He’s officially the writer-researcher of TV2’s latest home-grown show ‘Totes Maori’, but Whale Bay local Olly Coddington is lucky enough now to also get a shot at directing – and he’s “stoked”.
“Directing … that’s a step up,” the personable 29-year-old reckoned over a coffee downtown at Raglan Roast, a popular hangout which coincidentally shares the same courtyard as the adjacent Yot Club owned and run by his father Pete.
Olly was home for the weekend, catching up with friends and family after a five-day week at Auckland’s TVNZ studios where he’s working on ‘Totes Maori’ for the rest of the year.
He says he’s grateful his TV2 boss Toi Iti trusts him to not only write the weekly scripts for presenters Alex and Niwa, but also direct them and the field stories that make up the new youth series which kicked off early in July.
Apart from loving the challenge of directing, it “looks good on my CV”, he adds.
It’s been a decade now since the short film which set him on his chosen career path.
Olly had finished school by 2003 and was cruising and surfing in Raglan, he explains, while working at Volcom Lane’s surf shop. “But secretly I wanted to work in TV.”
He struck it lucky that year when local actor Antonio Te Maioha – who played a supporting role as the gladiator Barca in the international television drama ‘Spartacus’ – advertised in the Chronicle for actors.
A young Olly ended up hosting the short film – a video entitled ‘Making Mistakes’, which taught marae protocol as part of the Enviroschools curriculum.
“I really enjoyed it,” says Olly, who as the water boy for Raglan’s senior rugby team had looked up to players like Antonio. “Antonio was really cool and encouraged me to do more (acting).”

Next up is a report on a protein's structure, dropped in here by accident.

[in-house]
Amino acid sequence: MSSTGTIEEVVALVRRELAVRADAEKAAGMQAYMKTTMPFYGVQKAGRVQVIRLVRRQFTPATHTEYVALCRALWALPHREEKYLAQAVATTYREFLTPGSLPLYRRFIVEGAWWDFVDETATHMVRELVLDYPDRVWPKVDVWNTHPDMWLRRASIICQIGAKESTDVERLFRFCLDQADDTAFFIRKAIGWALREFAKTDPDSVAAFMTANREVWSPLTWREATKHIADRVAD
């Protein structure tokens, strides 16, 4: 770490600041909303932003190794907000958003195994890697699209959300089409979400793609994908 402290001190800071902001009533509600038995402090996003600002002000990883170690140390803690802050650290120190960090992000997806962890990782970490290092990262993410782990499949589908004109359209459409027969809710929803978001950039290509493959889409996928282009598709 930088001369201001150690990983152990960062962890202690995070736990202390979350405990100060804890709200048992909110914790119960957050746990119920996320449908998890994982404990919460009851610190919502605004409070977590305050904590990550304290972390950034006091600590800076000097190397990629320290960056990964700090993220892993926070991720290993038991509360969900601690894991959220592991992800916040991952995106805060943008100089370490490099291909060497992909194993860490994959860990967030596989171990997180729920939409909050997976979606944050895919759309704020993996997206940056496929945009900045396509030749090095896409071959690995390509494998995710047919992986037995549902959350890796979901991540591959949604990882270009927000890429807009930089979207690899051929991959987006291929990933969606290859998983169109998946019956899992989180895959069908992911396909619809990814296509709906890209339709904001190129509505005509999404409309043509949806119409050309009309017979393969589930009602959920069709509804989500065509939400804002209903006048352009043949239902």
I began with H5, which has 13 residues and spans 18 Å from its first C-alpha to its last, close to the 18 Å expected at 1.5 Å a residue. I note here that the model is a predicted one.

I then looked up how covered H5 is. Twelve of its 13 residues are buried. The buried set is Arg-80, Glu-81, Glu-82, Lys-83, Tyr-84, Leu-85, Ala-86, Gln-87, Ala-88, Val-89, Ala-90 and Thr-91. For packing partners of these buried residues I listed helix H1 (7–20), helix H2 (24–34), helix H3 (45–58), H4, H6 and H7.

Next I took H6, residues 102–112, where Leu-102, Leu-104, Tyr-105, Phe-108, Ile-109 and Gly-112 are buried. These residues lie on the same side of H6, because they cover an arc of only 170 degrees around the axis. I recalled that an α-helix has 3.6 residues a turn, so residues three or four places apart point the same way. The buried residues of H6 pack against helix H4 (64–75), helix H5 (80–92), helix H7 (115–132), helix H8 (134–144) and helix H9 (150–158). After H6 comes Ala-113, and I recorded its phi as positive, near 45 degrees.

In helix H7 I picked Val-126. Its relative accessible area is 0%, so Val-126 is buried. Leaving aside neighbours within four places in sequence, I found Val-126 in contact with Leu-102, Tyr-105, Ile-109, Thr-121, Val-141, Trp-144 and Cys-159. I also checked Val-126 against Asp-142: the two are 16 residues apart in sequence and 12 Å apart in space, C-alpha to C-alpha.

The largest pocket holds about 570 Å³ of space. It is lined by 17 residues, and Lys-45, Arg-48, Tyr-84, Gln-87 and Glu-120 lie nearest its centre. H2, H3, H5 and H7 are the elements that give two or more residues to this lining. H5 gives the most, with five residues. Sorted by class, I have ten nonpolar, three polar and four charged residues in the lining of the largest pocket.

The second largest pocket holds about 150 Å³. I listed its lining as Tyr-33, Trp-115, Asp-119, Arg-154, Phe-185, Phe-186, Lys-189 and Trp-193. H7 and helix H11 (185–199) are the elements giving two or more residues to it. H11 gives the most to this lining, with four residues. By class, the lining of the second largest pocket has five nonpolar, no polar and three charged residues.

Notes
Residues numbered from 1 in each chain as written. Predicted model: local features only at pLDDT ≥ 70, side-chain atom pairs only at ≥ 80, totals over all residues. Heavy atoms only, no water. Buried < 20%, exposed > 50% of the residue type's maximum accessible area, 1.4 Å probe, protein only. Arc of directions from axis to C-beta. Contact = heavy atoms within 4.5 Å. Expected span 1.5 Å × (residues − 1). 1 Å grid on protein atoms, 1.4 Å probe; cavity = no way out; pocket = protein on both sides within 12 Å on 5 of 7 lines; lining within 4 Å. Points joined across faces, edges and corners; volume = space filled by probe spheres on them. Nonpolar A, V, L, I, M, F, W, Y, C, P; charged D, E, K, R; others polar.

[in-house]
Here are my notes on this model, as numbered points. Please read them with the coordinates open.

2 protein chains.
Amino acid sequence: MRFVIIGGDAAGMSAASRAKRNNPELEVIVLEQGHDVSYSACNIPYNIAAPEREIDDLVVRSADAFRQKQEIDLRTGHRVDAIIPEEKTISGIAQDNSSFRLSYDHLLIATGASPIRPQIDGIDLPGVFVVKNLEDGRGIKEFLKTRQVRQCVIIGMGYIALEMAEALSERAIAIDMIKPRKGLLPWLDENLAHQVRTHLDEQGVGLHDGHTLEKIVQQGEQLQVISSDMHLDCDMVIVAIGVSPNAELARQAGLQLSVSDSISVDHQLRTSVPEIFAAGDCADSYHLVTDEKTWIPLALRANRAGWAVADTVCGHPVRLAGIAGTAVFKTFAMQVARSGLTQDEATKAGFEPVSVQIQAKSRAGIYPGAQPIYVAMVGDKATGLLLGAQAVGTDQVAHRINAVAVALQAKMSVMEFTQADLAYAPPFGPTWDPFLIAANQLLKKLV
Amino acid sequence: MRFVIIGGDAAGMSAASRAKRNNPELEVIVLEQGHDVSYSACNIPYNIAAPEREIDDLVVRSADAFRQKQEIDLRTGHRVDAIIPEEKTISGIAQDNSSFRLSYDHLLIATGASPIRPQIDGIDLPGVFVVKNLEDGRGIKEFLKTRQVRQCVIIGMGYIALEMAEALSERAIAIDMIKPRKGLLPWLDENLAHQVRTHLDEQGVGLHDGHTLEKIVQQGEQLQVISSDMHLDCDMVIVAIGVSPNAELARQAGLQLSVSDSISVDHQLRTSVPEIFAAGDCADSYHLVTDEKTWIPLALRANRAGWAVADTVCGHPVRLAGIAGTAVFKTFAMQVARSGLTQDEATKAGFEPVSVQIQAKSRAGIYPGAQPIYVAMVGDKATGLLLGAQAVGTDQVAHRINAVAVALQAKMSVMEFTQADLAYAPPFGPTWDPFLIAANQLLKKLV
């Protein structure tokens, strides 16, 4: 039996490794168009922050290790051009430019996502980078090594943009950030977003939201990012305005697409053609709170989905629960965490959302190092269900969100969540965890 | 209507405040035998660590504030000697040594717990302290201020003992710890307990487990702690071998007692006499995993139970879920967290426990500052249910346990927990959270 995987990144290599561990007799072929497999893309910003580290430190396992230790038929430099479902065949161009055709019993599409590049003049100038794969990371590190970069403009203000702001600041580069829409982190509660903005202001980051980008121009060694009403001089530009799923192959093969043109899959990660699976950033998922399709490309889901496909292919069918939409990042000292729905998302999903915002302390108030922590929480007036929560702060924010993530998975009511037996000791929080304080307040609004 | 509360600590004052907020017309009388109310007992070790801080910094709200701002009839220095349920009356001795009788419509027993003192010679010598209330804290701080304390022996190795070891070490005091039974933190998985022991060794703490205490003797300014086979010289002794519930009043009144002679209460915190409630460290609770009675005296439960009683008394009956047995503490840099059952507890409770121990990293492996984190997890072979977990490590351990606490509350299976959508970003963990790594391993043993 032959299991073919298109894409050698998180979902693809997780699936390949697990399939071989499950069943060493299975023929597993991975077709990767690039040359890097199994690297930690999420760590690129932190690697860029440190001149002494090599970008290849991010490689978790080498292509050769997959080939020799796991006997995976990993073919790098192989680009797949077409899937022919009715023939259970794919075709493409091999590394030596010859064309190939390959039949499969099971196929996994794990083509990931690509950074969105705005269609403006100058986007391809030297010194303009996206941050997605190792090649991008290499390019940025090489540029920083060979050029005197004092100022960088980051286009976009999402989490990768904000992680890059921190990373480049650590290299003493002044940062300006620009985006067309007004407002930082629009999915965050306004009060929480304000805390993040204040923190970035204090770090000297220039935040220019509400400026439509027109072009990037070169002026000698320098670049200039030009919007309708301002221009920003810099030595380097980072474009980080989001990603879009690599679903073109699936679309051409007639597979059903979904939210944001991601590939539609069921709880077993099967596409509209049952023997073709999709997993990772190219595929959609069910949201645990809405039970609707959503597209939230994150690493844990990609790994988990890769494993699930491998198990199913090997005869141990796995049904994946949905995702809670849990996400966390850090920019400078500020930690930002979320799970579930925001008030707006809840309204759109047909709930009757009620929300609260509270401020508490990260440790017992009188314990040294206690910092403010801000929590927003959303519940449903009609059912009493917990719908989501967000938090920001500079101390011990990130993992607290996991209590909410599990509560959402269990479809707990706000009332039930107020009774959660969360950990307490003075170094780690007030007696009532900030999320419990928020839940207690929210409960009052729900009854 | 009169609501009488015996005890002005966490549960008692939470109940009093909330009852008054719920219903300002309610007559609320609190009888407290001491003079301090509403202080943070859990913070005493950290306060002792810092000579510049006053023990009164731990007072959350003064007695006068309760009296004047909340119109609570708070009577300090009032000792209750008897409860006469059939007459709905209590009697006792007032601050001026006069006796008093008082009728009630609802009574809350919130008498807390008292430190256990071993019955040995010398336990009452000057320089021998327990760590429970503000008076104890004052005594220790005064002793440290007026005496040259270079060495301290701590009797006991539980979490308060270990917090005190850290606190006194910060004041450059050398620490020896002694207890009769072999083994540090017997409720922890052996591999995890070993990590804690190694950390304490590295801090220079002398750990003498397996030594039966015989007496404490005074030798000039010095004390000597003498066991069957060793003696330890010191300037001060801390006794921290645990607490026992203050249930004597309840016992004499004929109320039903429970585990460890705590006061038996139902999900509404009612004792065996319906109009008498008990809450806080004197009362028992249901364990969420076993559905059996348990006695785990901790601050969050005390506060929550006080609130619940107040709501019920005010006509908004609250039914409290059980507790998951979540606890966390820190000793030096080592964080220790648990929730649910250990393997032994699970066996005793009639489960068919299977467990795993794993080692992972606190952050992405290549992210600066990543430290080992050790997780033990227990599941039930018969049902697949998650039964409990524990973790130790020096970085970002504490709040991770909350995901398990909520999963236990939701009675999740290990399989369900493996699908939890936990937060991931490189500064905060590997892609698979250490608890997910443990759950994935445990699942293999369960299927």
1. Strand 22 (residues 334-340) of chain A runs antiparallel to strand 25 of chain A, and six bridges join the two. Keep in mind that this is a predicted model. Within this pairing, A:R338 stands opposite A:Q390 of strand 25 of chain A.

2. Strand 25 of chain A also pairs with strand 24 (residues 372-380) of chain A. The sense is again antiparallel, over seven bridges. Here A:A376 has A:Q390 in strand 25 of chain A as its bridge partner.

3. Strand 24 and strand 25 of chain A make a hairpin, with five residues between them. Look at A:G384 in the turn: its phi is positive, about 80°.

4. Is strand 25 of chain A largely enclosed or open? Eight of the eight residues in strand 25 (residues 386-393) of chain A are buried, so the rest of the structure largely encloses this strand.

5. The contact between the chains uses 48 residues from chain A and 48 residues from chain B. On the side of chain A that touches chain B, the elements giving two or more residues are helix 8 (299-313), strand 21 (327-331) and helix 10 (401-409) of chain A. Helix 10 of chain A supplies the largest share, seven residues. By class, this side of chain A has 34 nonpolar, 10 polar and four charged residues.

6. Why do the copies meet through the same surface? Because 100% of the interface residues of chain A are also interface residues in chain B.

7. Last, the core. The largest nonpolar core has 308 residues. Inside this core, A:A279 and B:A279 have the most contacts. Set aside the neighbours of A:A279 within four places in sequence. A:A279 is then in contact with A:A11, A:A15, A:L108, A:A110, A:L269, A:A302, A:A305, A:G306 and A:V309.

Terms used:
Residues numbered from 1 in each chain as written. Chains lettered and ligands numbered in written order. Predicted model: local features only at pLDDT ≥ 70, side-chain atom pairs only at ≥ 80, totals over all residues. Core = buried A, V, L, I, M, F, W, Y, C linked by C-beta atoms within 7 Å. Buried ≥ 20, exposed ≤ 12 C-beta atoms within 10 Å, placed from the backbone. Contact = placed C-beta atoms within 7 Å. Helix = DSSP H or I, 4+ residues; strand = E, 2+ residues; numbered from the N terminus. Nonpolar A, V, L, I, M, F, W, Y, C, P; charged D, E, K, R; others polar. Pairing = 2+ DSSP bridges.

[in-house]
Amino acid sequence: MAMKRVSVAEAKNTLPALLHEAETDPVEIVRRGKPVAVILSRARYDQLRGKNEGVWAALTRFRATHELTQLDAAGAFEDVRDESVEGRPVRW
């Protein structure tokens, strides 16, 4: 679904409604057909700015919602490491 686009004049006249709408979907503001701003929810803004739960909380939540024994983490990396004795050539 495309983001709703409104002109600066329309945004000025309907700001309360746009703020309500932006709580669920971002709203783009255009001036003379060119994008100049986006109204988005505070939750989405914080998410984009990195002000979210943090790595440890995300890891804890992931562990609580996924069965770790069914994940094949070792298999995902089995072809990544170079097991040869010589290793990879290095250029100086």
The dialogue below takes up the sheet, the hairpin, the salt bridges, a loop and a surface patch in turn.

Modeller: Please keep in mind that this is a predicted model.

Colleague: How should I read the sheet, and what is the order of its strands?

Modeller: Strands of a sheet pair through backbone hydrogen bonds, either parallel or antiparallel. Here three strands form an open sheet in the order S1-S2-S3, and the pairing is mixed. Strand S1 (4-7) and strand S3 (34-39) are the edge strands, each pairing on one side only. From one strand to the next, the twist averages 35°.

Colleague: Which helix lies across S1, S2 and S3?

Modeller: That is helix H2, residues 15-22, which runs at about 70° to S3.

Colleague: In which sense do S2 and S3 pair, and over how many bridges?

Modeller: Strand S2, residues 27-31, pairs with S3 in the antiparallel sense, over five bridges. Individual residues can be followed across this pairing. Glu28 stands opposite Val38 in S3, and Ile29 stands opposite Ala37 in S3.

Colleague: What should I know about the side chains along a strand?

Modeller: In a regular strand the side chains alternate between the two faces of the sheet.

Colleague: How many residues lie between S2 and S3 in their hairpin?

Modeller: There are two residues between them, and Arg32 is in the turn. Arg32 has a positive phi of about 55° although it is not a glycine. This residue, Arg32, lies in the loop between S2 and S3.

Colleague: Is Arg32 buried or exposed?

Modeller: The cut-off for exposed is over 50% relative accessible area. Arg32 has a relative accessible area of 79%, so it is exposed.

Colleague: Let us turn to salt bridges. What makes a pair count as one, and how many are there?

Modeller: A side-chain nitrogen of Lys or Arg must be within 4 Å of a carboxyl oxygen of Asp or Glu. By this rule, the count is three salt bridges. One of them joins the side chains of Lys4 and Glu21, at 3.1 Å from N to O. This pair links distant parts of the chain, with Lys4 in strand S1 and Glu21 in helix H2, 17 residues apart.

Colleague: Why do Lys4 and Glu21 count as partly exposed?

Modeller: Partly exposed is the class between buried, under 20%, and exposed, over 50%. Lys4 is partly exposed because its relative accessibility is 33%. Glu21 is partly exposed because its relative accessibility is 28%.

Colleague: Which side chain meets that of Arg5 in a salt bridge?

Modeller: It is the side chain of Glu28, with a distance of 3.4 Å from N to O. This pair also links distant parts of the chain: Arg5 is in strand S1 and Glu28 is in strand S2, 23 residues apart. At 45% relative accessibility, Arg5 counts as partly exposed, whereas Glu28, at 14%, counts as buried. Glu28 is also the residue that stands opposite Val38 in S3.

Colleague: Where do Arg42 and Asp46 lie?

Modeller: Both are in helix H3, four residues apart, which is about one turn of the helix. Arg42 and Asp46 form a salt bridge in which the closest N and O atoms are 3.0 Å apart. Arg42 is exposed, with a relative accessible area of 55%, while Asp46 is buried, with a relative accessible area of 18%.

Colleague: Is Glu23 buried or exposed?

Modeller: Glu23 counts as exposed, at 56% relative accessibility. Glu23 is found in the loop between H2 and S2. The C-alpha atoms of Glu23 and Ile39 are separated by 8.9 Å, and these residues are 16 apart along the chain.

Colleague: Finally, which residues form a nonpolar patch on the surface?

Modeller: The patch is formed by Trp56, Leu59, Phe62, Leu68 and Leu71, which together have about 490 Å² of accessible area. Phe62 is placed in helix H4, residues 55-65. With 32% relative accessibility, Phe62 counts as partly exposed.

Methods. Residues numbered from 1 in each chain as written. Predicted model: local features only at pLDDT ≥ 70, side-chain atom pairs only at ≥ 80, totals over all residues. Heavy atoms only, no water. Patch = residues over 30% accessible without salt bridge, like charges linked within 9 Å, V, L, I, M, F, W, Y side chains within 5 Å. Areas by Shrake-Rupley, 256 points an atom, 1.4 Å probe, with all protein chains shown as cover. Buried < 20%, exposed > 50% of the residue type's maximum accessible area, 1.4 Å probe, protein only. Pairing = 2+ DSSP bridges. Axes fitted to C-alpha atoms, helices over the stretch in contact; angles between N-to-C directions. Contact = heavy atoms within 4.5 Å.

Olly then scored the lead role as a pirate in ‘Duffy’s High Sea Adventure’ and spent six months in 2004 touring primary schools. The play was produced for the Books in Homes programme to promote reading.
He was 20 and it was his first paid acting job.
And he even got to revisit Raglan Area School where he’d been educated through to the fifth form, before finishing his last two years at Hamilton Boys High.
Soon after playing Duffy, Olly scored a job as a tape operator at Maori Television in Auckland. Although it was what he calls the low end of production he got to work with reporters, editors and directors.
“I learnt a lot,” he admits.
But he had a secret desire to be in front of the camera.
Antonio “hooked me up again”, says Olly, getting him on the books of Auckland Actors. That led in 2006 to the job as a presenter on TV2’s ‘Mai Time’, a youth series renowned for its use of te reo – in which Olly is fluent thanks to his local schooling in the bilingual unit – and the positive portrayal of Maori culture.
“I couldn’t believe my luck,” says Olly of the job. Everything, career-wise, fell into place for him from there.
‘Mai Time’ led on to ‘I Am TV’, another Maori youth programme with a more interactive approach which Olly also fronted for a couple of years. And both shows gave him just a taste of directing.
But he was missing home and the Yot Club needed a manager so Olly returned recently to Raglan for a few years, commuting to Auckland for freelance television work whenever it came up.
Now he’s landed himself behind the scenes of ‘Totes Maori’ – a show about being “totally” Maori, says Olly who’s part Maori himself, or in a more literal sense about “carrying the Maori youth” of today.
It’s Olly’s job to come up with story ideas, and film people and events of interest to Maori in the 18 to 39 age group for which the programme’s funded. Interviewing Kiwi recording artist Ladi6 was a very recent example of that, and screened on last week’s show along with NZ supermodel Ngahuia Williams.
Olly’s happy, he insists, to step behind the scenes for a while now and to upskill in other directions. The aim of the show from here on in, he adds, is to make it a little more “artsy” and to mimic American pop culture less.
And that, says Olly, means more “Aotearoa roots culture”.
*‘Totes Maori’ screens on Saturdays at 10am on TV2.